After completing his training, John was assigned to bomber duty with the 8th Air Force in England.
“While we were training, we won crew of the week awards two weeks in succession. That didn’t help. We were shot down on our first mission.”
Later, in prison camp, John wrote an abbreviated description of the frightening event: “Close bursts of flak under left wing & under radio room just after bombs away on target Berlin – radio op wounded in leg and arm. Waist gunner cut by shattered waist window. R/O not in pain, requests landing in France. Fire on L. wing noted. Code from ship on L.W. observed. Pilot warns crew to attach chutes. Fire spreads to averon. Pilots find ship losing control. Bail out order given. Nav. gives pos. “North of Hanover.” Spot jammer leaves by waist door, observes two men at w/window with chutes. Tail gunner did not answ. interphone. Warning bell sounded for bail-out no heard in nose. Eng. c-p, B, N bail out.”
John parachuted safely, but was immediately captured by the Germans.
“Luckily, at Peabody, I took German as a foreign language. That certainly helped me out. While we were traveling, They didn’t want anyone who could speak German to be asking questions for everybody, so they put me with one of the guards in a separate compartment. He, too, had been a musician, and he spoke good English. So we had quite a friendly chat.”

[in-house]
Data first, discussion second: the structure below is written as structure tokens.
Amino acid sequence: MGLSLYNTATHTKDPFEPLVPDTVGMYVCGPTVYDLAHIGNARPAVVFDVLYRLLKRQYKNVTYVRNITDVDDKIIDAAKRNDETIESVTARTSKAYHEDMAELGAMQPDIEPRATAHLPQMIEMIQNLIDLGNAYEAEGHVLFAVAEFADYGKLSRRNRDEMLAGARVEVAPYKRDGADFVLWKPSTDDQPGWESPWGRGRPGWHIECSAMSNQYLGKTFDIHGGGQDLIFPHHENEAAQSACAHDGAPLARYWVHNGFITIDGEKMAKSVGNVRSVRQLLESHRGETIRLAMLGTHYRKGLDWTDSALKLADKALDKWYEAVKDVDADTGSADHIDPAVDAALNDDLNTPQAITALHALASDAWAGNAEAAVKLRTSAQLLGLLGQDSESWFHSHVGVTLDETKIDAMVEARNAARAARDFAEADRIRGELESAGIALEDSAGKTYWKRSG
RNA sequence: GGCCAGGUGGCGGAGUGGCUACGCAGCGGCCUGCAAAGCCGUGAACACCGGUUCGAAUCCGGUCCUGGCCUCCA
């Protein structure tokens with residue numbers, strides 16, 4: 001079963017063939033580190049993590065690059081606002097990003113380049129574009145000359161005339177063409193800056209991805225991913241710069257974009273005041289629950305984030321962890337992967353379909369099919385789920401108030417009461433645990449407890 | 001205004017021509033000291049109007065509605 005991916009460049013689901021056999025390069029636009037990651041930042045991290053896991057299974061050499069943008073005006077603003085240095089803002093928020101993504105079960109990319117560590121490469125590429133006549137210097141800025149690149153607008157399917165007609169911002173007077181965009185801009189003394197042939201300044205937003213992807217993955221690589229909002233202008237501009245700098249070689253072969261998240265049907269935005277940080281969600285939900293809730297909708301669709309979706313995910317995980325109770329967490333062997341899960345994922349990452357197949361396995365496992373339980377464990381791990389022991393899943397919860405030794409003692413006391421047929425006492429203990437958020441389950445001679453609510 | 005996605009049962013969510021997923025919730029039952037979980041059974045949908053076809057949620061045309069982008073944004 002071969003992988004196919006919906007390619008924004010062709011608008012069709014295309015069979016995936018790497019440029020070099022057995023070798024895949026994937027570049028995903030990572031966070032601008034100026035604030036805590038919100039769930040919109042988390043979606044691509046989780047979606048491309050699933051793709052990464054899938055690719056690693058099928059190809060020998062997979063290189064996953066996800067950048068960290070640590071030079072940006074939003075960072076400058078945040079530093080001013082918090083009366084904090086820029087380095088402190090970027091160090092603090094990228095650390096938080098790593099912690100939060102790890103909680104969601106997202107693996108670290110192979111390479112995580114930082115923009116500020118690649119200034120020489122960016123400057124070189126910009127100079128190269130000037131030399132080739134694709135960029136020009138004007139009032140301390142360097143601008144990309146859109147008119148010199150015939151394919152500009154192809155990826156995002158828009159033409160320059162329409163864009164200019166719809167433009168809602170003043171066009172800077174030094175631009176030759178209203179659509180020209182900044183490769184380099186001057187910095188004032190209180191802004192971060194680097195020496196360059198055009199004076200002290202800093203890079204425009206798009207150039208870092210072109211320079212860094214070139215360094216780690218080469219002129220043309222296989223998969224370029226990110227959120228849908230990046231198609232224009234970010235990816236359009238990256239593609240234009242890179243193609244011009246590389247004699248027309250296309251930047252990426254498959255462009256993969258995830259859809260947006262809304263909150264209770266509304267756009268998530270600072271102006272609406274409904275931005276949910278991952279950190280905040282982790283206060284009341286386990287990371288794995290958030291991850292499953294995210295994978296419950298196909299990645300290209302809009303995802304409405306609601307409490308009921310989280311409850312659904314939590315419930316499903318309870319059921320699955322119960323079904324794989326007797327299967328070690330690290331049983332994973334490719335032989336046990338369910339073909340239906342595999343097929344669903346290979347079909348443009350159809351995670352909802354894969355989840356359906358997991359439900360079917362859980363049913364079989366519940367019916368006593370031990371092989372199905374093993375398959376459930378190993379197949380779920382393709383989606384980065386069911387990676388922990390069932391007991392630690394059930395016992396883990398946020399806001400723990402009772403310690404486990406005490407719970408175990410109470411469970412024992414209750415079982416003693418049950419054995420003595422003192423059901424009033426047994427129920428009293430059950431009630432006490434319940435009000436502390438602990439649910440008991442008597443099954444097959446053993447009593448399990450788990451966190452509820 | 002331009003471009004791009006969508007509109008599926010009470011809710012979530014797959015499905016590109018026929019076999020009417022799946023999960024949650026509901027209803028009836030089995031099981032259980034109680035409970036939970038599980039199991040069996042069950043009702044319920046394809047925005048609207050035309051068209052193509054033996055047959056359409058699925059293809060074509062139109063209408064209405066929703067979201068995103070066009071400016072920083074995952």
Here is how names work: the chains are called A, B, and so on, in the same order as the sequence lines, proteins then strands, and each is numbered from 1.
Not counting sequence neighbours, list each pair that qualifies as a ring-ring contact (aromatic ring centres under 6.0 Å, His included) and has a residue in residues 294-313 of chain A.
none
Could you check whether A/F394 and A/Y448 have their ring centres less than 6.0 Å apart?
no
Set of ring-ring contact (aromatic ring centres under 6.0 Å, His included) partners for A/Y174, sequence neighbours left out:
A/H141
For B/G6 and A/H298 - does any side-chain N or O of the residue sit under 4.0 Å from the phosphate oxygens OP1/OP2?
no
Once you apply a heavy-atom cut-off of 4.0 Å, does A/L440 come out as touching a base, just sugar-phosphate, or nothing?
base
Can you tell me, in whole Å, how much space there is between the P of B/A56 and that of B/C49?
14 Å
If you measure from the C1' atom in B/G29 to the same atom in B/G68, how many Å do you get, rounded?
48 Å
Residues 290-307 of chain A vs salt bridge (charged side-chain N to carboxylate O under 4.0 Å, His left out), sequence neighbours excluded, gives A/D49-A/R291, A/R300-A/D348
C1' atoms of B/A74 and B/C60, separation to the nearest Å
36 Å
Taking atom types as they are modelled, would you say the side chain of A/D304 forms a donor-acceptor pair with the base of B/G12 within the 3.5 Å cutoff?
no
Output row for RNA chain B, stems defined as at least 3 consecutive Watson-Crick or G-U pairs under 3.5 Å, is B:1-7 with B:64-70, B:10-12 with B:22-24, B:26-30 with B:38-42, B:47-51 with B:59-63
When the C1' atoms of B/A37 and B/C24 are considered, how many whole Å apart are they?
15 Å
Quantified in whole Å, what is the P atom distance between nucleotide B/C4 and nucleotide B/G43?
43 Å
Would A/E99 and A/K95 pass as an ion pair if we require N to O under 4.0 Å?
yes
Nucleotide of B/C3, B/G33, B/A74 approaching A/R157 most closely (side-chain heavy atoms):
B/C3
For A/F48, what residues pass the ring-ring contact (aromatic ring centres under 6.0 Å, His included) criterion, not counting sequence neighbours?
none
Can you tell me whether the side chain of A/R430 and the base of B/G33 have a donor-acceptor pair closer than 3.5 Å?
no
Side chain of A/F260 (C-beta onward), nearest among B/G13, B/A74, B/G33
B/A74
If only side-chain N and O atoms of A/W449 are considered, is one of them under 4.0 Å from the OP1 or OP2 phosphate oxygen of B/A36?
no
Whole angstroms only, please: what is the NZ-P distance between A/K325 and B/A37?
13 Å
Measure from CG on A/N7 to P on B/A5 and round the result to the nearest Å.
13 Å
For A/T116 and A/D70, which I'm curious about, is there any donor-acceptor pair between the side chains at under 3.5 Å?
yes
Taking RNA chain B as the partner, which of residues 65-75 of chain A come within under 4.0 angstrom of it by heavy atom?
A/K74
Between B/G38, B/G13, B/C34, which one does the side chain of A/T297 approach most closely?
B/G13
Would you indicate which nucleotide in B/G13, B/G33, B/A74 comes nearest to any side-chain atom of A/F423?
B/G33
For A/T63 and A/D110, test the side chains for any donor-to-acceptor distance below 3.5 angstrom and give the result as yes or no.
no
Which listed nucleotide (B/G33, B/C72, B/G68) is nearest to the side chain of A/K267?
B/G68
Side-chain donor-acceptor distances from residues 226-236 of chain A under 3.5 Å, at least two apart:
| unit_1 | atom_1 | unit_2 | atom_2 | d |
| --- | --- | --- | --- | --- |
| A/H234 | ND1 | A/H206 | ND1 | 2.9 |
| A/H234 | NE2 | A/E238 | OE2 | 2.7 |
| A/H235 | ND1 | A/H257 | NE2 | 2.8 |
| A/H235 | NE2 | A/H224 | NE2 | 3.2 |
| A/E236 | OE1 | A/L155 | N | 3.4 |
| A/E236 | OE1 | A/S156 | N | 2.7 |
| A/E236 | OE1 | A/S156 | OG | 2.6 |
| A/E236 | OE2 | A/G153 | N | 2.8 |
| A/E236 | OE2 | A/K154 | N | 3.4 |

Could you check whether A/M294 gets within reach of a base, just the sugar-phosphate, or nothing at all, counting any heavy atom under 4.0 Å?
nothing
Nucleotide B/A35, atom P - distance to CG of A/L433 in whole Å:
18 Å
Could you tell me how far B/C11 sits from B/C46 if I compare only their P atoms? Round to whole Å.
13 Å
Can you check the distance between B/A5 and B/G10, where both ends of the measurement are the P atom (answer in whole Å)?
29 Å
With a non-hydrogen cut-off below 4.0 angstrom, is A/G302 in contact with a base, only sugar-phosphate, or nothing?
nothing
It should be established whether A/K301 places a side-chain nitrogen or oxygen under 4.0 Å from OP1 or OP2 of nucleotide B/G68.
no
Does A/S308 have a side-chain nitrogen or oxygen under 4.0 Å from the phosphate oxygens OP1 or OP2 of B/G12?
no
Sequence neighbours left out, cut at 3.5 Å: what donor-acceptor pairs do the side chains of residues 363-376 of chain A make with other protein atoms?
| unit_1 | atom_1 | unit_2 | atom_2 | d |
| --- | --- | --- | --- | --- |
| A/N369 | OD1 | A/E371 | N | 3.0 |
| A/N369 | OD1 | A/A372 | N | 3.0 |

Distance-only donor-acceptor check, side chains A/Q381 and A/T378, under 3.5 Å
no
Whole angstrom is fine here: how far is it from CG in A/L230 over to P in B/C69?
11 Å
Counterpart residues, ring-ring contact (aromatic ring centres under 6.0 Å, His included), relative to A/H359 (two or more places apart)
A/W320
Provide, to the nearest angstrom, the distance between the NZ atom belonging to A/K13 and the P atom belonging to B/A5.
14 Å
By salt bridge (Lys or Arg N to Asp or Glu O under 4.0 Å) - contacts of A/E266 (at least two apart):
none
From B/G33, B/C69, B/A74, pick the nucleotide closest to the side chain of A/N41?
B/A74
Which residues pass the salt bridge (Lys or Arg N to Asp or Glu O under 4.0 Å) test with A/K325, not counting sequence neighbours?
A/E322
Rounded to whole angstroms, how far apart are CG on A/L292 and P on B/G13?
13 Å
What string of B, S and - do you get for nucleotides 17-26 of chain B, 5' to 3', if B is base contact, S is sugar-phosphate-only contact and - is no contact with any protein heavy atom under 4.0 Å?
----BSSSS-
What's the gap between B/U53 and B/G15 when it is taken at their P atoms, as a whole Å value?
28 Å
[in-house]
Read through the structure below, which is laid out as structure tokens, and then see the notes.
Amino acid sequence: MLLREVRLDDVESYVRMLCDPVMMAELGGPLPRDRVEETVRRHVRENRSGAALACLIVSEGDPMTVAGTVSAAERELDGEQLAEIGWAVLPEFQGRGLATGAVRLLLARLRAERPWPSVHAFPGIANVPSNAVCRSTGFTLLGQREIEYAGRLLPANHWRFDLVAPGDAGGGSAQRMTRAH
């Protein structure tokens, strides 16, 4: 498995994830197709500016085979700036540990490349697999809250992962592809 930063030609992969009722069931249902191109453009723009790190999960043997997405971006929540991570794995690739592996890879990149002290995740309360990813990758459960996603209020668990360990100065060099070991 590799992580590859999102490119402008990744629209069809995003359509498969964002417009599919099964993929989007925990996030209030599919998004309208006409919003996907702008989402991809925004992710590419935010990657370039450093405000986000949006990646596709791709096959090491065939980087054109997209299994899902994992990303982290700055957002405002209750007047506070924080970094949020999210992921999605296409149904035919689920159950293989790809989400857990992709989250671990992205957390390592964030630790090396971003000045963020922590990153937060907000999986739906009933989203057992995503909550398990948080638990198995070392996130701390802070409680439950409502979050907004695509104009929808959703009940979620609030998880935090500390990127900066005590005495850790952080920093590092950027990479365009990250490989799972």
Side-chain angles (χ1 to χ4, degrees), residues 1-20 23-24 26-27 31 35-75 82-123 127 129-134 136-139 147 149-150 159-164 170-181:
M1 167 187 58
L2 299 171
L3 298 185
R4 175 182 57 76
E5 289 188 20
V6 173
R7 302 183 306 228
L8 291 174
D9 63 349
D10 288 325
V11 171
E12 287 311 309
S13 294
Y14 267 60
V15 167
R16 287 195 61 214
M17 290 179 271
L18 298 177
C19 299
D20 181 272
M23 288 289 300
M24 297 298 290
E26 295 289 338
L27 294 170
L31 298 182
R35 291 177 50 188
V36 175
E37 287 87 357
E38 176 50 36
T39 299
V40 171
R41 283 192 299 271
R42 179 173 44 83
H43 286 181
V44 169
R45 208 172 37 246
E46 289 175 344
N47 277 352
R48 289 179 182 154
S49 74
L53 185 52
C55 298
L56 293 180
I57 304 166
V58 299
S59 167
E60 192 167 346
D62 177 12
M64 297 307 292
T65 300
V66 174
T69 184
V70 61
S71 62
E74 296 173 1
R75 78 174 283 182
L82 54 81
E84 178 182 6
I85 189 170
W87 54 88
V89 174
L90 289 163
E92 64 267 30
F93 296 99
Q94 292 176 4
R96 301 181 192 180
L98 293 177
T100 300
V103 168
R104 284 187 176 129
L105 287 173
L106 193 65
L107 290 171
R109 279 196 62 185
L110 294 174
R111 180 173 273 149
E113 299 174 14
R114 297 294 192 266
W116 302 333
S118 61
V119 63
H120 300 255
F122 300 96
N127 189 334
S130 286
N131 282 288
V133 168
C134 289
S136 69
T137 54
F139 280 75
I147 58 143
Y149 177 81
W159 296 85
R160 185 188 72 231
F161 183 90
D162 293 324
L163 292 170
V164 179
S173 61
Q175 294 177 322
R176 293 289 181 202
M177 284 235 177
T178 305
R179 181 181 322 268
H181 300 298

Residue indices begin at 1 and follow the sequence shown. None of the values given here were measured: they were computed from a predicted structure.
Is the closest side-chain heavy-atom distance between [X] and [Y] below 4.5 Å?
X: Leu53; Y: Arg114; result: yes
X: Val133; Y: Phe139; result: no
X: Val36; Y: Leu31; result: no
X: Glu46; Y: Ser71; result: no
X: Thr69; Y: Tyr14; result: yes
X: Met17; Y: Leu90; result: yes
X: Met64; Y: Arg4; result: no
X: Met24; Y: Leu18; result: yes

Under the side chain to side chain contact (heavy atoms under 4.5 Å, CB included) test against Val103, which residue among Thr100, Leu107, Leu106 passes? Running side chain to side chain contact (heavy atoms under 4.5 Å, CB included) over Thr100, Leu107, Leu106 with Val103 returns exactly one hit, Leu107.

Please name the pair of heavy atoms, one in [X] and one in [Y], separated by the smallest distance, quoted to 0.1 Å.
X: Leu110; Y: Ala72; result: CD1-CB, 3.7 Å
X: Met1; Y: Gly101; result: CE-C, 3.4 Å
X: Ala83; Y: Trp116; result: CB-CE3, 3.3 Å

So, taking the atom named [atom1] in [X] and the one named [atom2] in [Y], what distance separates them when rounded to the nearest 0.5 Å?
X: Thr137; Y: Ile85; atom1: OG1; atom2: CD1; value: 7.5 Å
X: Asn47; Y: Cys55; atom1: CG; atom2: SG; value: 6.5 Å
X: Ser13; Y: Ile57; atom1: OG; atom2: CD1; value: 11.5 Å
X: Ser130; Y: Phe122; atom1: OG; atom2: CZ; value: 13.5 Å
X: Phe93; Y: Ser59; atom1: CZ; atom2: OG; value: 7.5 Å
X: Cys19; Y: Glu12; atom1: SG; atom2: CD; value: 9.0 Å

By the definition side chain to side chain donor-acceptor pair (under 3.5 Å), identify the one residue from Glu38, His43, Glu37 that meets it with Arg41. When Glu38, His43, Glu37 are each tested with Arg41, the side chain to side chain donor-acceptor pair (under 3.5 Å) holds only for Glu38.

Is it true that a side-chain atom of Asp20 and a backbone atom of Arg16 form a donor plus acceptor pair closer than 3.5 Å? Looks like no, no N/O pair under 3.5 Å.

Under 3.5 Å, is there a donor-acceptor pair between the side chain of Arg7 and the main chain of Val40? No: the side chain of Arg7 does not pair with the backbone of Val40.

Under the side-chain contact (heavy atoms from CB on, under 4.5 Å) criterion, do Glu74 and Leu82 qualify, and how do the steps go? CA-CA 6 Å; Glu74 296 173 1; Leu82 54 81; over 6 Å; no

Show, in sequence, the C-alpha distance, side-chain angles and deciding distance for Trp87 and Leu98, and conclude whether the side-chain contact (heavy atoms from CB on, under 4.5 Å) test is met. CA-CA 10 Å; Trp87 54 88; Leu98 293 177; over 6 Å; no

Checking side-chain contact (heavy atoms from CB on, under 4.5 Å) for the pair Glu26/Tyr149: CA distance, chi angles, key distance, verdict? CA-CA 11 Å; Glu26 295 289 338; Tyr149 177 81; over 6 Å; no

John ended up in Stalag Luft 1, on a peninsula north of Barth, Germany. He was confined for 40 days, along with about 9,000 other American and Allied prisoners – almost all officers. There was a shortage of food for both prisoners and guards, but the prisoners weren’t treated as badly as prisoners in other camps were. According to the Geneva Conventions, officers were not allowed to do physical labor. Their biggest challenge was to fight off boredom.
John spent his time drawing sketches of prison life in a notebook distributed to POWs by the Y.M.C.A.
“In every picture, I drew a part of myself in it. If I was lying in a bunk bed looking down at men eating their breakfast, I copied my hands drawing the picture, or if they were outside, and I was sitting, I drew my feet in it.”
He filled the notebook with poems, lists of various sorts (names, contents of Red Cross packages, uniform items), and recipes.